Tag Archives: Afro-Indigenous farming

Earth Day Seen Through an Intersectional Lens

Laurie and Debbie say:

Earth Day is so often seen through a white people’s lens when, of course, the issues that underlie this day affect everyone, and people from all races and ethnicities are doing amazing climate work. Sytonia Reid, writing at The Grio, showcases 10 Black climate leaders, while making the point that “Black people have long been stewards for the planet” and that these 10 are just a few of the many Reid could have chosen. We picked two of our favorites, and we recommend both reading about the other eight Reid selected, and digging deeper into the work of these two.

Leah Thomas coined the term “intersectional environmentalism.” In her November 2020 interview with Omolara Uthman at Assembly, “I Can’t Breathe: Climate activist Leah Thomas on how the pandemic, systemic racism and environmental racism are affecting Black communities,” she says:

I feel that racial justice and climate justice are one and the same. I often say it would be very hard to make an argument that the environmentalism that we have right now is not inherently racist. If it were not racist, then why do BIPOC [an acronym that stands for “Black, Indigenous and people of colour”] experience all … environmental injustices the most: poor air quality, poor water quality, proximity to toxic waste sites, the list goes on and on and on. So if the environmentalism we have today [was] not racist, then Black and Brown people or BIPOC would not be always disproportionately impacted. In order to remedy that I think environmentalists should be anti-racist because the environmentalism that we have now that has been thought of as being “progressive” has only been progressive for one group of people and that’s not fair.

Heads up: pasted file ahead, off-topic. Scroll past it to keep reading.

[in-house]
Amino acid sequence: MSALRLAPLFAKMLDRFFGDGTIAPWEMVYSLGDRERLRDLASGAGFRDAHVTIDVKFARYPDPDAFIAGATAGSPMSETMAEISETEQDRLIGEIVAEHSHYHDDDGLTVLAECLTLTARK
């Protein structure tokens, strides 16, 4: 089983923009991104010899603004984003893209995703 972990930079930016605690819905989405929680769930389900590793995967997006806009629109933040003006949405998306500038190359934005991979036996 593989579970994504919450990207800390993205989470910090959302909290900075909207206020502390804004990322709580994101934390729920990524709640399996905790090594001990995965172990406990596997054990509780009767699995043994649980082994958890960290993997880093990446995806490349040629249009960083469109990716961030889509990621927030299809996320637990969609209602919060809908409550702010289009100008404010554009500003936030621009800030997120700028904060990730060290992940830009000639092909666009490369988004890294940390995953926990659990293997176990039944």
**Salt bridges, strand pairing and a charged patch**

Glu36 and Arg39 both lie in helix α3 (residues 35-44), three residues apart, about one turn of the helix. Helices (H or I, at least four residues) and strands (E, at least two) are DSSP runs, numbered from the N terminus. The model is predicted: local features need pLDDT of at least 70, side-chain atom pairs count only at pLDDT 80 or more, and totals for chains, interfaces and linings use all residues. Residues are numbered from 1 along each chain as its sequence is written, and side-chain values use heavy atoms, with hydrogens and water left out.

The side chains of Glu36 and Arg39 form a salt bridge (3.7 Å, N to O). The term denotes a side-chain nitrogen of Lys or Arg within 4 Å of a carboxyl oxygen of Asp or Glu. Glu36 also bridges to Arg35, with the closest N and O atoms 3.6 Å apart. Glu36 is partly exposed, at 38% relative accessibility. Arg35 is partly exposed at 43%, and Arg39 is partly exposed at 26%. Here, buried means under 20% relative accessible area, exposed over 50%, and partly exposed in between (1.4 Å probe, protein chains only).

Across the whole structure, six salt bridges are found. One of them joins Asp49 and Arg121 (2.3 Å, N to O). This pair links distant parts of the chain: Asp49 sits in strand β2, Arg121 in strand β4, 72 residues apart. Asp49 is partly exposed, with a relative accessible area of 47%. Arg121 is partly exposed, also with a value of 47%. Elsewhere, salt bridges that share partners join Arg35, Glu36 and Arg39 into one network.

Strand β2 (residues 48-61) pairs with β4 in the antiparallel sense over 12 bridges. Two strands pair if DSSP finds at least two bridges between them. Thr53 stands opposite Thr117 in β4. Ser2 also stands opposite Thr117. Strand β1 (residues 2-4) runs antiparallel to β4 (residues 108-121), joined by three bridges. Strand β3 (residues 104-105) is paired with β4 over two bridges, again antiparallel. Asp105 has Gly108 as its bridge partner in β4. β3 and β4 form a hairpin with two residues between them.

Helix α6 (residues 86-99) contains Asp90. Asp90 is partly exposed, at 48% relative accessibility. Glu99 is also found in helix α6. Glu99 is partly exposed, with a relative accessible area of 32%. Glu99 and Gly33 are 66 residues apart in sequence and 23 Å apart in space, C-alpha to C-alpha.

Check out her blog, Green Girl Leah, and her resource hub, Intersectional Environmentalist.

It’s not just Earth Day, it’s Remarkable Women Named Leah day. Leah Penniman is the author of Farming While Black (2018), and an advocate for Black farmers everywhere.  She and her husband run Soul Fire Farm, a working farm in Grafton, NY. Soul Fire’s website describes itself as:

an Afro-Indigenous centered community farm committed to uprooting racism and seeding sovereignty in the food system. We raise and distribute life-giving food as a means to end food apartheid. With deep reverence for the land and wisdom of our ancestors, we work to reclaim our collective right to belong to the earth and to have agency in the food system. We bring diverse communities together on this healing land to share skills on sustainable agriculture, natural building, spiritual activism, health, and environmental justice. We are training the next generation of activist-farmers and strengthening the movements for food sovereignty and community self-determination.

Our food sovereignty programs reach over 10,000 people each year, including farmer training for Black and Brown growers, reparations and land return initiatives for northeast farmers, food justice workshops for urban youth, home gardens for city-dwellers living under food apartheid, doorstep harvest delivery for food insecure households, and systems and policy education for public decision-makers.

The other eight Black climate activists showcased in this article are every bit as interesting as the two we chose. We honor their work on Earth Day and every day.

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